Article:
* * *

Finally, my attention was directed at those less fortunate during the Torah reading on Shemini Atzeret. Most of Deuteronomy chapter 15 is concerned with ensuring that there not emerge in the Israelite nation a permanent underclass (persons unable to lift themselves out of poverty). The Torah reading discusses the remission of debts every seventh year and the laws of lending to the poor. Five verses (15:7-11) in the chapter outline Jewish poverty laws requiring us to feed, clothe, and house poor non-Jews as well as Jews. The next verses promote a fair severance pay for workers.

This Torah reading gets to the heart of Jewish ethics and the ideal way in which we must treat our fellow human beings (be they Jewish or gentile, workers or the unemployed). We have a clear role to take care of those less fortunate — the hungry and the homeless.

As I listened to these verses being chanted, I thought about Nathaniel Popper’s harsh critique in the Forward of the Hekhsher Tzedek commission’s Magen Tzedek. He argues that Conservative Jewish leaders who support the “living wage” have done little to lead by way of example and emulate this ethic in their own synagogues. He quotes my colleague Rabbi Jill Jacobs, who wrote a teshuvah (religious ruling) promoting a living wage and edited a book about pursuing social justice to benefit the needy. She said, “There’s somewhat of a reluctance to look inward and think and talk about our own employment practices.”

Fact is, Popper is correct. It is disingenuous for rabbis to call for higher wages and better working conditions at kosher food companies (e.g. Rubashkins) before ensuring that their synagogue’s own janitors and nursery school teachers are compensated fairly. It is easy to levy standards on other establishments, but much more difficult to attain those standards at home first.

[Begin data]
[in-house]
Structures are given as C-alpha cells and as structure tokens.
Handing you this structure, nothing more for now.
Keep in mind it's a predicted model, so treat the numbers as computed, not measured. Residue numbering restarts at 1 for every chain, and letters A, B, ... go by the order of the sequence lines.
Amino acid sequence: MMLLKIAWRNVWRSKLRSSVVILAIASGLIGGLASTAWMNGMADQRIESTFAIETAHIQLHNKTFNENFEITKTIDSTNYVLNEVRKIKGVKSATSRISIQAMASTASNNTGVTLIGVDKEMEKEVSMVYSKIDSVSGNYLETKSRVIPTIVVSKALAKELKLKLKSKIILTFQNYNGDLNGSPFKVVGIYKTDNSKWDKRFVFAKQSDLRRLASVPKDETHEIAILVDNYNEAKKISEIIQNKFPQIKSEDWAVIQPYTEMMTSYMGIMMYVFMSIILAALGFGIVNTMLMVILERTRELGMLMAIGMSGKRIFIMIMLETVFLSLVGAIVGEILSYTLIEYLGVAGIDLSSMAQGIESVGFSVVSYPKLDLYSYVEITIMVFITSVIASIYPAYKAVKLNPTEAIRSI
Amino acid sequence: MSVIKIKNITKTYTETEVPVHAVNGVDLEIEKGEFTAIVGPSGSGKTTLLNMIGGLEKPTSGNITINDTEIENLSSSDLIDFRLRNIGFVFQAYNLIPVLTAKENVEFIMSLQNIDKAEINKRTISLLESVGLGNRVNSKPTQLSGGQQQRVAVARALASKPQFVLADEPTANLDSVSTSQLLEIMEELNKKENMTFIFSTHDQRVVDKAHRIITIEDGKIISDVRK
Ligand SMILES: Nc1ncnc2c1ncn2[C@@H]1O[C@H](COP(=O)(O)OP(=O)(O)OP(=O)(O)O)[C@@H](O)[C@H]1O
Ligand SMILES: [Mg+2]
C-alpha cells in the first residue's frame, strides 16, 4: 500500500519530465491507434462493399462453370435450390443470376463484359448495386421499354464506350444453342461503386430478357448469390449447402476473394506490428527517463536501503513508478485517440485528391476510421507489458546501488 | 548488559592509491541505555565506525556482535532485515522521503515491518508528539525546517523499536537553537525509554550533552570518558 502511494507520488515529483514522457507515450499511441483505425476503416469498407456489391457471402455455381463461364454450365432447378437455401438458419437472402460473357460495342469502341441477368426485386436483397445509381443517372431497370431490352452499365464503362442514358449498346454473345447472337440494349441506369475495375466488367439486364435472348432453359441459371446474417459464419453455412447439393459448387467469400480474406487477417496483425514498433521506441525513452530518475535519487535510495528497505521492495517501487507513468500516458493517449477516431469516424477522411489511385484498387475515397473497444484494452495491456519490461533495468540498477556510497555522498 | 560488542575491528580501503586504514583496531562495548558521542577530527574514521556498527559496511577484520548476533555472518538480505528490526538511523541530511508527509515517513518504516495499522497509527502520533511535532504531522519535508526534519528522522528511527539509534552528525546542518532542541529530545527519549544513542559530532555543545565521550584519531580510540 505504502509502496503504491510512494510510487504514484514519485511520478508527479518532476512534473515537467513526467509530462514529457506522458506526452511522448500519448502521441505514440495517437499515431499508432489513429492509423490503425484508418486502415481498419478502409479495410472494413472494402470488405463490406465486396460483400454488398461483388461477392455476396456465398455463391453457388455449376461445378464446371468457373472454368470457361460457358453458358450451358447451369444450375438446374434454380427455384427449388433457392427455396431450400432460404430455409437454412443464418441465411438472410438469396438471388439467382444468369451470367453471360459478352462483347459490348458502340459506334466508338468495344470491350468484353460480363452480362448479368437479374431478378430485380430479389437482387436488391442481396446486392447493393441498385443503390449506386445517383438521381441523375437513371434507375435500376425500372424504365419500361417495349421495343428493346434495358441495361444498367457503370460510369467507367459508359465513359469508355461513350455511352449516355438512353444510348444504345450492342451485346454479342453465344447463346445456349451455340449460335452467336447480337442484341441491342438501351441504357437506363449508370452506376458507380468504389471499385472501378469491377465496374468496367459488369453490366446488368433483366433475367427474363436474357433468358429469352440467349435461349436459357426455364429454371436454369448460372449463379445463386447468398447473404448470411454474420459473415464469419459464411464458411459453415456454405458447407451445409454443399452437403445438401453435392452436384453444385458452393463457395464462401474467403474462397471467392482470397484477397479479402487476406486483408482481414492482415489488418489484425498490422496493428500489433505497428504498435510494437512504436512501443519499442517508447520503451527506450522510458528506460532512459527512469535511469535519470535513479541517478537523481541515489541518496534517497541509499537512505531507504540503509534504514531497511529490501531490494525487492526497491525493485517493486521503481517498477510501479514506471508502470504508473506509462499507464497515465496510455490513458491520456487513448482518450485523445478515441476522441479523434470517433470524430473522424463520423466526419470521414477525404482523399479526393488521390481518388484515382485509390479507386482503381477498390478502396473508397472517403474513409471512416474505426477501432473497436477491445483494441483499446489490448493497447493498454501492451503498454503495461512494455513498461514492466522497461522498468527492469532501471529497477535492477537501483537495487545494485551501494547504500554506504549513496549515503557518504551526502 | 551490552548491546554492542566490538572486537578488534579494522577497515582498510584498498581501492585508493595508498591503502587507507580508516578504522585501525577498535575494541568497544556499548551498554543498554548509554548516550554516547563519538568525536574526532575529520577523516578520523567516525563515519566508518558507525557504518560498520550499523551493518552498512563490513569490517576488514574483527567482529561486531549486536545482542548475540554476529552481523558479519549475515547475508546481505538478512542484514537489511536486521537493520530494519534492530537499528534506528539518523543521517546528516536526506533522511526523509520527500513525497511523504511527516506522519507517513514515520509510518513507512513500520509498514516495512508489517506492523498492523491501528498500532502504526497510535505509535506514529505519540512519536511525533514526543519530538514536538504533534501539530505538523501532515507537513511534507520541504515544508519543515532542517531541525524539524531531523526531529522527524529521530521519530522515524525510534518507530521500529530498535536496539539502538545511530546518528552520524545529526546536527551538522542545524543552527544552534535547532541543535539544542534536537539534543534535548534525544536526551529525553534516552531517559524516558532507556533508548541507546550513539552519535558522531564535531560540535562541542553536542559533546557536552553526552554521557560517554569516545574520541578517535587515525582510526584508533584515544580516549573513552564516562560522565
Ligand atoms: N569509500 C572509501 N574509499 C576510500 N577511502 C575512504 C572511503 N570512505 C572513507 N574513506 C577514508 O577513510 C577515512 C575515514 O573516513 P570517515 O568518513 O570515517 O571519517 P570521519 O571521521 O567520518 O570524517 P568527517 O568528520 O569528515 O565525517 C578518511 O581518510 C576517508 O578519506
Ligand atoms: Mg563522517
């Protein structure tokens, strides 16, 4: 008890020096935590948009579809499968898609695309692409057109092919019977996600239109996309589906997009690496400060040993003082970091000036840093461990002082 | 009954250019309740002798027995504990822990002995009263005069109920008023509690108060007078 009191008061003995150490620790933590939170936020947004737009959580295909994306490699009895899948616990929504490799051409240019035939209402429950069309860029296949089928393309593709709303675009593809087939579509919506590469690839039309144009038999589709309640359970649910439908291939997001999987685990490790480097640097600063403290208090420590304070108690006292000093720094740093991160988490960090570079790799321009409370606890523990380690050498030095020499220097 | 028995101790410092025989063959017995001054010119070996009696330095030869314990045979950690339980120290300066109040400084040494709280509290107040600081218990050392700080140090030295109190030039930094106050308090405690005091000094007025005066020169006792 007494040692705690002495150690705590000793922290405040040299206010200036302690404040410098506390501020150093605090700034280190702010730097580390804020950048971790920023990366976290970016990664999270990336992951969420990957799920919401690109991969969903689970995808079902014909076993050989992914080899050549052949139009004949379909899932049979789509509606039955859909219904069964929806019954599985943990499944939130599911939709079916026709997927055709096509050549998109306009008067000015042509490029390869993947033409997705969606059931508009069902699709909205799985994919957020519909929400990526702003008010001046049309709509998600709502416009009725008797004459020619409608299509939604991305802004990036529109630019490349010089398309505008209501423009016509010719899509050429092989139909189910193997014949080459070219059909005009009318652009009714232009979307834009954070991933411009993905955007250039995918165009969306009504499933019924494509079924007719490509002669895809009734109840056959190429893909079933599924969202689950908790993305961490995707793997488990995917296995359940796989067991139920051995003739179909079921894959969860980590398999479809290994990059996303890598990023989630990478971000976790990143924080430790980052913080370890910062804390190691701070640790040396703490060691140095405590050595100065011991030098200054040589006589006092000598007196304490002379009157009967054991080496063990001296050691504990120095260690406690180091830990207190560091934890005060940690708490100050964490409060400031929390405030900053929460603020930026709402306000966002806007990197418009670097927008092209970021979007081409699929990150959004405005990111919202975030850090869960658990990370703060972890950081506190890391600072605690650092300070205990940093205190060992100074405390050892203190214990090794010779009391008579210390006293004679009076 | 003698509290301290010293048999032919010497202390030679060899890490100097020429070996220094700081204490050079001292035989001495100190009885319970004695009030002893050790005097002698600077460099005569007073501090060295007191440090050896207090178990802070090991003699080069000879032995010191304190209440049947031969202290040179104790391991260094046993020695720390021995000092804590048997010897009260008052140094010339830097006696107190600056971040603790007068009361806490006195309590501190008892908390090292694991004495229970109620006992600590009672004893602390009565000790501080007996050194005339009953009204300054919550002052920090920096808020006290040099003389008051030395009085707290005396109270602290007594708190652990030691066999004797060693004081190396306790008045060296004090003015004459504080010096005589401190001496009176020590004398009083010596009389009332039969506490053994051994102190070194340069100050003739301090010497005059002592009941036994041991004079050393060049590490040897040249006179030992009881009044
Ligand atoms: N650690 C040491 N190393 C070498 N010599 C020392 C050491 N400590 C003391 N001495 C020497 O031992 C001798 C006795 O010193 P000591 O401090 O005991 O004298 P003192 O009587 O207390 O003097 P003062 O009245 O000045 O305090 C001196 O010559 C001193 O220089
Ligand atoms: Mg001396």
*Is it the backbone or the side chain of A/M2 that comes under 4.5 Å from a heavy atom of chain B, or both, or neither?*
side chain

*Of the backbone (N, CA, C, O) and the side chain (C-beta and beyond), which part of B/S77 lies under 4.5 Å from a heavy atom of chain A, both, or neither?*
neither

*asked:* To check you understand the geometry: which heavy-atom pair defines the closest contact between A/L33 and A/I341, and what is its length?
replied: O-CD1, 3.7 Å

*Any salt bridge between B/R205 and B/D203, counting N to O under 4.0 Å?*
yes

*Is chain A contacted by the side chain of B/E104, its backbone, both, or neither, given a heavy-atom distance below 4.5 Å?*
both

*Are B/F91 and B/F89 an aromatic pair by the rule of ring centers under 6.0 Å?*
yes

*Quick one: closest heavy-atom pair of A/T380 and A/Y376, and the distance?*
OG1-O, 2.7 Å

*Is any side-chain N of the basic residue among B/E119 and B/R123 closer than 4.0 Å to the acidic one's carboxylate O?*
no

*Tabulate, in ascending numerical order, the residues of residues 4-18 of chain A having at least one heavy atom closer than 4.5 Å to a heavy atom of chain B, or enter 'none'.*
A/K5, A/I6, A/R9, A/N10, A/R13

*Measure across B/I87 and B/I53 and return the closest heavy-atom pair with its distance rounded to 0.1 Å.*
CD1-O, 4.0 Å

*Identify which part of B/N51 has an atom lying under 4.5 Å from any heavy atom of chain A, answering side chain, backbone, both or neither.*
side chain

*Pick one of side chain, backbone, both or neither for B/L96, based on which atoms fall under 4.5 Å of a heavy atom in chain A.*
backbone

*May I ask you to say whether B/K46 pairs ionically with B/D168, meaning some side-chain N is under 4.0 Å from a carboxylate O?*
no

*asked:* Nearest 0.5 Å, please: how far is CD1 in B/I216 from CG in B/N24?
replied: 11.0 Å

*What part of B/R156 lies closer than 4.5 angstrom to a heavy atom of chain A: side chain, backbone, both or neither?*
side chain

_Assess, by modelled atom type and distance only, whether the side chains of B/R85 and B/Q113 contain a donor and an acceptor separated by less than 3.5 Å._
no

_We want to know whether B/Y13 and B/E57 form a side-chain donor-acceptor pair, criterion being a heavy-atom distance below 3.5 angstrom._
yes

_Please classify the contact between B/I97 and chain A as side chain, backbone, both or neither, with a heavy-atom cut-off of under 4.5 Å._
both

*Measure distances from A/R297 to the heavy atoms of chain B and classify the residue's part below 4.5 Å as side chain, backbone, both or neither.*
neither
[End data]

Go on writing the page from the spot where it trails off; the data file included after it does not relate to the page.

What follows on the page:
What is most important is to work toward a society in which there is no permanent underclass. Not everything will be equal — or even close to it — because that’s not realistic. But we all must help those less fortunate and those who are currently struggling. Not only in the food industry, but in every industry. We should be a part of the process that allows for every working man and woman to earn a fair wage; one in which they can support their family. We rabbis must begin by ensuring that those men and women who clean our synagogues and teach our children are being paid adequately and treated fairly. Then we can branch out to the community-at-large.

Those are the ethics of hunger and homelessness. The ethics of fair rights for the working class. And those are the ethics by which we should strive to live.

(c) Rabbi Jason Miller | | Twitter: @RabbiJason |
Baseball Celebrities Detroit Jewish Yom Kippur

Calling it Right

I had the wonderful opportunity this past Wednesday night to see Detroit Tigers radio broadcasting legend Ernie Harwell interviewed by Mitch Albom at the Fox Theatre in Detroit. To raise money for several local Detroit organizations that help the homeless, author, sports journalist, and radio personality Mitch Albom hosted an event to launch his new book. “An Intimate Evening with Mitch Albom and Friends” featured Anita Baker, author Dave Barry, and Ernie Harwell.

Rev_Henry_CovingtonAlbom discussed his new book “Have a Little Faith,” and dialogued with Rev. Henry Covington (pictured at left), the former drug addict and ex-con who is now the Pentecostal pastor at Pilgrim Church and the founder of the I Am My Brother’s Keeper Ministry to Detroit’s homeless, who is one of the subjects of Albom’s book. He also interviewed local Detroit rabbi Harold Loss, the spiritual leader of the mega-church-sized Temple Israel in West Bloomfield who filled in for the late Rabbi Albert Lewis, Mitch Albom’s rabbi from Cherry Hill, NJ who is featured in “Have a Little Faith” as well.

Ernie Harwell Statue at Comerica ParkFor me, the highlight of the evening was not meeting with the likes of Dave Barry and Anita Baker backstage during the pre-glow event, but rather sitting back in the audience and watching Ernie Harwell shmooze up Mitch Albom on stage. Ernie Harwell is a part of my life; much of my childhood was spent listening to Ernie Harwell’s voice as he called the Tigers games on the radio as I laid in bed on school nights.